Australia orders 25,000,000 doses of Oxford's coronavirus vaccine
Australia has hinted it could introduce sanctions against people who refuse to get immunised against coronavirus after ordering 25 million doses of the Oxford University vaccine.
The country’s prime minister, Scott Morrison, announced overnight every Australian will get a free coronavirus jab after the government jumped on board with the vaccine being developed by Oxford and pharmaceutical giant AstraZeneca.
Mr Morrison warned he would make the vaccine ‘as mandatory as you can’ and would only expect people with medical reasons to be exempt.
It followed earlier comments by Australia’s deputy chief medical officer, Nick Coatsworth, who said potential sanctions for refusing a jab could include ‘not being able to go into restaurants, not being able to travel internationally, not being able to catch public transport’.
The prime minister later clarified on Sydney’s 2GB radio station the vaccine would not be compulsory.
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He said: ‘There are no compulsory vaccines in Australia … what we want to achieve is as much vaccination as we possibly can.’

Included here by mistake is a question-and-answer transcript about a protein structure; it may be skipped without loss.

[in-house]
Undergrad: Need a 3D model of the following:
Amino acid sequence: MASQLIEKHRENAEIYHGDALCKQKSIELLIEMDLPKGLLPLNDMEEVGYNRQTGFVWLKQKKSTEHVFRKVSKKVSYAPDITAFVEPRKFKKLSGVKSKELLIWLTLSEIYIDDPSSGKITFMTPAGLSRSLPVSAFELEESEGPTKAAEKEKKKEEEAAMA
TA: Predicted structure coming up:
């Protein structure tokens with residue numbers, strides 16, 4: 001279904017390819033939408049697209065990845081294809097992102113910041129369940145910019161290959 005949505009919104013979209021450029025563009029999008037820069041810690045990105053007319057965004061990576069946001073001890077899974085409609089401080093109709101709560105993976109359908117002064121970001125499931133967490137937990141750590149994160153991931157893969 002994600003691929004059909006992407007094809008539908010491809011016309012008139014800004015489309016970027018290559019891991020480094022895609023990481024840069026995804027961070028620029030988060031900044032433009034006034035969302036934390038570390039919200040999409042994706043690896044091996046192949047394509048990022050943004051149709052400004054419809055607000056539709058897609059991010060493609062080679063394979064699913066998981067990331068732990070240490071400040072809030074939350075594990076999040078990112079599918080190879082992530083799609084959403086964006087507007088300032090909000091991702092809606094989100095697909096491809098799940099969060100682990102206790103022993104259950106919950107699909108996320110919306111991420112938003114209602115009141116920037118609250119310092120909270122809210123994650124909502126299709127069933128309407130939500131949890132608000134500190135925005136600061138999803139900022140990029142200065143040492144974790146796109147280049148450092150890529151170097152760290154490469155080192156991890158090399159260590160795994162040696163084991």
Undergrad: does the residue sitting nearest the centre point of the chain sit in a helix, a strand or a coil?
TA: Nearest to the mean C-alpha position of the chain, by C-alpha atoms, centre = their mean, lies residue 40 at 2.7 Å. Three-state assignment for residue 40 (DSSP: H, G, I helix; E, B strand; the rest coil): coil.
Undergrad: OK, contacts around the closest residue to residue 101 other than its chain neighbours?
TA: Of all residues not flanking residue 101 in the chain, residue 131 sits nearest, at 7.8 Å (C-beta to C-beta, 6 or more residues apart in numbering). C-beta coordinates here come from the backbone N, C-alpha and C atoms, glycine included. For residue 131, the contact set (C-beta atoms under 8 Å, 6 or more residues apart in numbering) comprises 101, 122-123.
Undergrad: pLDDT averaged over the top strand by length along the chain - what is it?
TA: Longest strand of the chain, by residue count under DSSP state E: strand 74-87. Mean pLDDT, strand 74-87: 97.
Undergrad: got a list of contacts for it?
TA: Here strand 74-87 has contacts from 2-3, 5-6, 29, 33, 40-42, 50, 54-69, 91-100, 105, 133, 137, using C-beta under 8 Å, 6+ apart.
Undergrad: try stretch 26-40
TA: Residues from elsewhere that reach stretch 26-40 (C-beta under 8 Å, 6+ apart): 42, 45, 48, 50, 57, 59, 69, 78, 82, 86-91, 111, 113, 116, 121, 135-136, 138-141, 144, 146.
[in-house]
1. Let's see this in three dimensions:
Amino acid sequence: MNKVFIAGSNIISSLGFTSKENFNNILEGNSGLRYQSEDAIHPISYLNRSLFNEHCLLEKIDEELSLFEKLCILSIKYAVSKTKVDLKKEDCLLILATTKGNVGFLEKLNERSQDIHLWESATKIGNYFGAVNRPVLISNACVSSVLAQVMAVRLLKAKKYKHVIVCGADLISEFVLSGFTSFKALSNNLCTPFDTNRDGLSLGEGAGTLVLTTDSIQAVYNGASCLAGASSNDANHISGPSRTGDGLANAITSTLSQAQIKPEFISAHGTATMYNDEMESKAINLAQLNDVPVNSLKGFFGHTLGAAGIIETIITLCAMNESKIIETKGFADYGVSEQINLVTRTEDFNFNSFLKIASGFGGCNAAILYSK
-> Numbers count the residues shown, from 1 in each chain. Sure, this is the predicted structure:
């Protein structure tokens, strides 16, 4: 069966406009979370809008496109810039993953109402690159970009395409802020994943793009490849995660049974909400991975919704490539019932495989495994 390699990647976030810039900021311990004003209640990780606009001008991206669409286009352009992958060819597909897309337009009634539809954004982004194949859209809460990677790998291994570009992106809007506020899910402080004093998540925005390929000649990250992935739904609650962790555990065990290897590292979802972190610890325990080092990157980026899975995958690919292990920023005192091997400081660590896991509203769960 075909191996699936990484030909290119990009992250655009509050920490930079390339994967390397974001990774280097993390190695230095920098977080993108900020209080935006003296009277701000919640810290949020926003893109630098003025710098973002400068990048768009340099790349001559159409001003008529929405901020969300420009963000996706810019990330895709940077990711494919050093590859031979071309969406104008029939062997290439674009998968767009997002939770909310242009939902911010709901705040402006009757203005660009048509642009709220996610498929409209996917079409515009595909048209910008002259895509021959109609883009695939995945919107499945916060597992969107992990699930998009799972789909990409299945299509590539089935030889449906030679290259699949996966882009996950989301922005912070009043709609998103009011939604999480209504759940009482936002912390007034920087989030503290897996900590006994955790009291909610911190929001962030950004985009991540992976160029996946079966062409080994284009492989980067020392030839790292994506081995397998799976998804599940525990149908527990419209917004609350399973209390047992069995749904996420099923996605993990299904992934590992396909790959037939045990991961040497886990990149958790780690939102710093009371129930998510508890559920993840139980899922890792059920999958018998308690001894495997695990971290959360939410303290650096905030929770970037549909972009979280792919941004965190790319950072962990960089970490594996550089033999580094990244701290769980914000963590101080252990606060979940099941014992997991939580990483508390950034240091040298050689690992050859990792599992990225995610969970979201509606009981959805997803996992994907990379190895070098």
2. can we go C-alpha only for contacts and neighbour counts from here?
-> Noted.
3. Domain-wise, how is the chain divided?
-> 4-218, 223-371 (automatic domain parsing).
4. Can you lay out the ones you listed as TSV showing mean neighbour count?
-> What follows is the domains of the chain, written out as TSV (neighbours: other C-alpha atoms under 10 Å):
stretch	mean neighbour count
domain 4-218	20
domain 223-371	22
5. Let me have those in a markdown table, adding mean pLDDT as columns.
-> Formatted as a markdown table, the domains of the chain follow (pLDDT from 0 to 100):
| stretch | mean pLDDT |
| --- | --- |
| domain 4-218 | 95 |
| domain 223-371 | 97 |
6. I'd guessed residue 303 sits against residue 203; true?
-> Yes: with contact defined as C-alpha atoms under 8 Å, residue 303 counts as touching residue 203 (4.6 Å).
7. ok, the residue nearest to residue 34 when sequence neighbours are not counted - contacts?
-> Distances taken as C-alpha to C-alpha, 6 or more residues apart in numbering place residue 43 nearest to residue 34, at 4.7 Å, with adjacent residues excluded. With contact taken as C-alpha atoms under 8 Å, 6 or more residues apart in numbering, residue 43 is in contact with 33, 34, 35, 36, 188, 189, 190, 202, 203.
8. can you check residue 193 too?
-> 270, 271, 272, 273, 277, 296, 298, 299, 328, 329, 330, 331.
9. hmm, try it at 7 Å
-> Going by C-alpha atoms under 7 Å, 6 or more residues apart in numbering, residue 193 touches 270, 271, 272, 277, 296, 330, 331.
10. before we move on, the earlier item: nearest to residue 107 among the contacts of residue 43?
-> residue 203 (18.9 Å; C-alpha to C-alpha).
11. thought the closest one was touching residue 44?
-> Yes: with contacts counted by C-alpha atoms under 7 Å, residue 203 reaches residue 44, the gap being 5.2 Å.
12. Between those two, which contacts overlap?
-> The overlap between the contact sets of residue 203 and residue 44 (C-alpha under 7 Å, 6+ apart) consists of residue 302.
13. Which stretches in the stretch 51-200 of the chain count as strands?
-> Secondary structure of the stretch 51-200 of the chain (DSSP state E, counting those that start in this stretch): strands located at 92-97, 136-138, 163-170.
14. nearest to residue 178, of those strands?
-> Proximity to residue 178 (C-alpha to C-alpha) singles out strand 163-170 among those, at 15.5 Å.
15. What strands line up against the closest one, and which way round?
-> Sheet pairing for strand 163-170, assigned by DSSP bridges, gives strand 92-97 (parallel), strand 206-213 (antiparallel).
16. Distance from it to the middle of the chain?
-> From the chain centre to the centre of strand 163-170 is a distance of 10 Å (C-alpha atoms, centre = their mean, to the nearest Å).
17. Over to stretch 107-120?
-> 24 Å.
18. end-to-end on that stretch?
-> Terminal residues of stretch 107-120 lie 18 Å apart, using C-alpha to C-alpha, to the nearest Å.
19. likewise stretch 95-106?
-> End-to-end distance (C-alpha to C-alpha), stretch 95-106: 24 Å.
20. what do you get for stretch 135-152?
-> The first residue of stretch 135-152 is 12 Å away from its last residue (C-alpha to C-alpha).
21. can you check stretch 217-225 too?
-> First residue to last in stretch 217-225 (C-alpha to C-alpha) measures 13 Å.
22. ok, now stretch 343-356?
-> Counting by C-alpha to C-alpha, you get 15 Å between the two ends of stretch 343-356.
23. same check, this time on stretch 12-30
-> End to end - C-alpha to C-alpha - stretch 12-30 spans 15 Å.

The Oxford vaccine is one of the world’s most closely watched, with preliminary results showing it is safe and triggers an immune response.
The UK has ordered 100 million doses of the vaccine if it is successful.
Mr Morrison described the Oxford vaccine as ‘well-advanced’ but cautioned that the world was ‘very much in the hands of people in white coats’, adding: ‘We’re putting our hope in their science.
He said: ‘Today is a day of hope and Australia needs hope, the world needs hope, when it comes to this coronavirus.
‘And should we be in a position for the trials to be successful, we would hope that this would be made available early next year. If it can be done sooner than that, great.’
Some scientists have said the Oxford vaccine could be ready by Christmas but ministers played down that suggestion.
It comes as a survey found only half of the UK would definitely get a coronavirus vaccine should one become available.
Just 53% of Britons would be certain or very likely to get the jab, a study by King’s College London and polling company Ipsos Mori found.
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